Medical procedures and hospital stays can start in the thousands and very soon add up into the tens of thousands of dollars. Most people that file bankruptcy do have other mitigating bills and factors that cause them to file for bankruptcy, beyond just medical bills.
A recent alleged report run by Montana's Attorney General Mike McGrath showed the charges for common procedures of eleven major Montana hospitals. Some of the alleged prices were just over $5,000 for the birth of a newborn. If a C-section became necessary the total price was allegedly close to $10,000. Treatment for heart issues like failure or shock were allegedly over $11,000. These prices were allegedly for the procedures themselves. Add to the mix the price of personal physicians, anesthesia, radiology, and other health specialists the prices begin to allegedly skyrocket.
Experts in the state of Montana are giving residents advice on how to hunt for a hospital. They are suggesting that those in need of medical, specifically hospital attention, need to size up prices between hospitals before seeking care. This may seem laborious and impractical if someone needs care right away. However, Montana has resources for its residents such as www.mtha.org to help residents eye up one hospital against another to get the best price for medical services.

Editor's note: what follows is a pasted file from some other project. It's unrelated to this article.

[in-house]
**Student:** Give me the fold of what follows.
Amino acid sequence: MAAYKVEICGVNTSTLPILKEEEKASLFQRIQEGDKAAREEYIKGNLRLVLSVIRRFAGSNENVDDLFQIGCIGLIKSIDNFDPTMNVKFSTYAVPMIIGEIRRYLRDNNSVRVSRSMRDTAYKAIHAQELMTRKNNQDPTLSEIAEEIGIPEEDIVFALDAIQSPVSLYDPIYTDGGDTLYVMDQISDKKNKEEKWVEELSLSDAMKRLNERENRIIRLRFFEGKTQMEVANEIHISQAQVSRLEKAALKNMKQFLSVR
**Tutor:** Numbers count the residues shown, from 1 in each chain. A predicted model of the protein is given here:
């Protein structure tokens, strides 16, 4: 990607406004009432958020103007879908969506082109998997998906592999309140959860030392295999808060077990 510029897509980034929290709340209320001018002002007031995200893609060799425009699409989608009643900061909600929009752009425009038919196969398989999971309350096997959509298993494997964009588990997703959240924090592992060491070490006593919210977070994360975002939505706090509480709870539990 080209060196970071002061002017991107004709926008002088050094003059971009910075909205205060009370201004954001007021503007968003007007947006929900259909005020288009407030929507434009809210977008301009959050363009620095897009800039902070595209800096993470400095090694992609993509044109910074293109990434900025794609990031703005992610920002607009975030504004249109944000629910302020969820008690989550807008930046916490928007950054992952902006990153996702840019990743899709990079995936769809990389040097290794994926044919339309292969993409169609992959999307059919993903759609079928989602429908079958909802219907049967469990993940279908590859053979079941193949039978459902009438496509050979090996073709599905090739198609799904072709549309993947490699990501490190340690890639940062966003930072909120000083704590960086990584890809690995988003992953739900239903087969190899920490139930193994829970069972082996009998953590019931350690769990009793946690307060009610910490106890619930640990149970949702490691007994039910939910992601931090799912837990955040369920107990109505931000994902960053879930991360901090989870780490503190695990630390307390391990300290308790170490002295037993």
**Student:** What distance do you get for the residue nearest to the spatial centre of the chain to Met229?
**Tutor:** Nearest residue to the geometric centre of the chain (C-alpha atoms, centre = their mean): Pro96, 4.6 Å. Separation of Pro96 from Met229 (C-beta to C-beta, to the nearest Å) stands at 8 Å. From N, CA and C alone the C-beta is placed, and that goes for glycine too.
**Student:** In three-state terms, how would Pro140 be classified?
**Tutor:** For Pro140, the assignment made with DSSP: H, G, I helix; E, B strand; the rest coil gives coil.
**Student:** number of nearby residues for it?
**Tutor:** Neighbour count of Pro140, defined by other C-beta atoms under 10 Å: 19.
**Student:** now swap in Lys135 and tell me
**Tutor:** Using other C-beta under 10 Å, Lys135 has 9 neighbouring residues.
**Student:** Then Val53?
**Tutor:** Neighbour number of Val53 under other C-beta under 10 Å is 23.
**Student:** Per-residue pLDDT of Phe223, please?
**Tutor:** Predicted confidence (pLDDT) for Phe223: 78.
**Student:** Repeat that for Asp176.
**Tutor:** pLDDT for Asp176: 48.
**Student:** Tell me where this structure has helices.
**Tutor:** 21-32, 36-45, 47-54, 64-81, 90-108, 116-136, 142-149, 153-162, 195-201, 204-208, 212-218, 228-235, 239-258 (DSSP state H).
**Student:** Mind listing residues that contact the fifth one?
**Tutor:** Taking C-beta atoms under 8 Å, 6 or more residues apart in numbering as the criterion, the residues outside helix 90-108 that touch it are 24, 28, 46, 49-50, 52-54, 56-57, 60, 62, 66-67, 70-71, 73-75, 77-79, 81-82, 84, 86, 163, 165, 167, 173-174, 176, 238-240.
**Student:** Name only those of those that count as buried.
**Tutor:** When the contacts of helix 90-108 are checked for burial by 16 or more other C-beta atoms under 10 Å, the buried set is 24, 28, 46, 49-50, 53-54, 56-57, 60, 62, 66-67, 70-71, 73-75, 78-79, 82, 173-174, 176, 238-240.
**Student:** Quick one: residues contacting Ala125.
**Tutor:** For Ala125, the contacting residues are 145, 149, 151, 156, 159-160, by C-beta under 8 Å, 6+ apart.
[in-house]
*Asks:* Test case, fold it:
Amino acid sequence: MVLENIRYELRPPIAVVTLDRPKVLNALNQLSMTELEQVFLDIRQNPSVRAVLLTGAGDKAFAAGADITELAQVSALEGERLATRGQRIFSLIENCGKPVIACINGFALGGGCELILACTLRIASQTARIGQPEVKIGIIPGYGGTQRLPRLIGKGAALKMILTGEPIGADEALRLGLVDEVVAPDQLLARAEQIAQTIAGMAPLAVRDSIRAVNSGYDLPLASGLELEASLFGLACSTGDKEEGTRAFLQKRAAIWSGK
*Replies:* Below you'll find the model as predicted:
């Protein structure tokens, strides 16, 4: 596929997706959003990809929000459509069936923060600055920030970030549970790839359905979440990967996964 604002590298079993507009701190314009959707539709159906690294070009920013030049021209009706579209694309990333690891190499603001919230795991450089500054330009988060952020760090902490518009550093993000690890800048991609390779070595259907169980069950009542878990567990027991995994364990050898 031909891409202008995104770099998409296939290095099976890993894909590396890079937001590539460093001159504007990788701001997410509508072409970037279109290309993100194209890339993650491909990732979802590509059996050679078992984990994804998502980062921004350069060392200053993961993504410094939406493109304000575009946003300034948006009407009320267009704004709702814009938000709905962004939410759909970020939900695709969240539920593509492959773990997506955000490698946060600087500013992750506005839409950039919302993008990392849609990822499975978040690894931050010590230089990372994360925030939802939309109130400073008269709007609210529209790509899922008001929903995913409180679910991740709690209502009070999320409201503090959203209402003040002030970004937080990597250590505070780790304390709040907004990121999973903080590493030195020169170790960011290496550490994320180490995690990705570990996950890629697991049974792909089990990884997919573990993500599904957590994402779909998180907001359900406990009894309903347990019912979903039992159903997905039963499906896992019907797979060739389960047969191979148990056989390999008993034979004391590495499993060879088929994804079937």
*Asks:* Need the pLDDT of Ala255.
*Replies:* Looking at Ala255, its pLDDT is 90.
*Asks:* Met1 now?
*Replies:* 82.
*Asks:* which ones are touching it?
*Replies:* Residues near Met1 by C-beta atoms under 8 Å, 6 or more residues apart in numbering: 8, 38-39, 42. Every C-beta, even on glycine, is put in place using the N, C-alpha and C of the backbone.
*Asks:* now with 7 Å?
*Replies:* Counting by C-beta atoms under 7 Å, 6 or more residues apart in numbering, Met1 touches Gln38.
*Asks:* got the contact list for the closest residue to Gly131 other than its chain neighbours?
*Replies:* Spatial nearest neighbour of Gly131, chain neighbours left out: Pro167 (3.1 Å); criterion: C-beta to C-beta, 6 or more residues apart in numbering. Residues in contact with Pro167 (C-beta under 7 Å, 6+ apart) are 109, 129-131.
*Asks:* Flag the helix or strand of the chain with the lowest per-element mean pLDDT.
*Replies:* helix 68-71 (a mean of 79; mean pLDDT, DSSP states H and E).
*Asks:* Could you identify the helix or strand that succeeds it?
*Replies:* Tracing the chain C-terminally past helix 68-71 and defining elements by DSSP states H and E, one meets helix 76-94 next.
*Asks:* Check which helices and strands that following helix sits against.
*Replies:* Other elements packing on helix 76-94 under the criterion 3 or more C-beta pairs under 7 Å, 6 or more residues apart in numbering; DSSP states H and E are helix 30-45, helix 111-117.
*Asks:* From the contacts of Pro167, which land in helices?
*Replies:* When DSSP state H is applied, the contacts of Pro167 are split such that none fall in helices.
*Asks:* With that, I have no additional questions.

It is advisable to still phone the hospital of choice to make sure their current pricing lines up with what is on the website. It's the best way to safeguard the pocketbook. The list on the site is tweaked twice per year, and Spring will be the next time it is revamped.
Approximately forty hospitals are listed with contacts and phone numbers with whom to double check pricing. Most of the procedures listed on the site are for inpatient care, consisting of remaining in the hospital at least for an overnight stay. However, there is a decent amount of outpatient procedures listed, but calling once comparing the procedural price is still the best course of action.
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Since medical bills fall under the category of unsecured debt, much like credit cards, they may be at the end of a procession of creditors. Most bankruptcies stem from multiple types of bills to various creditors. The majority of bankruptcy filings occur due to several kinds of creditors being owed money the individual simply can't come up with. But, alleged higher health care prices throughout the state may have some bearing on bankruptcy cases in Montana.
By Delsia Hartford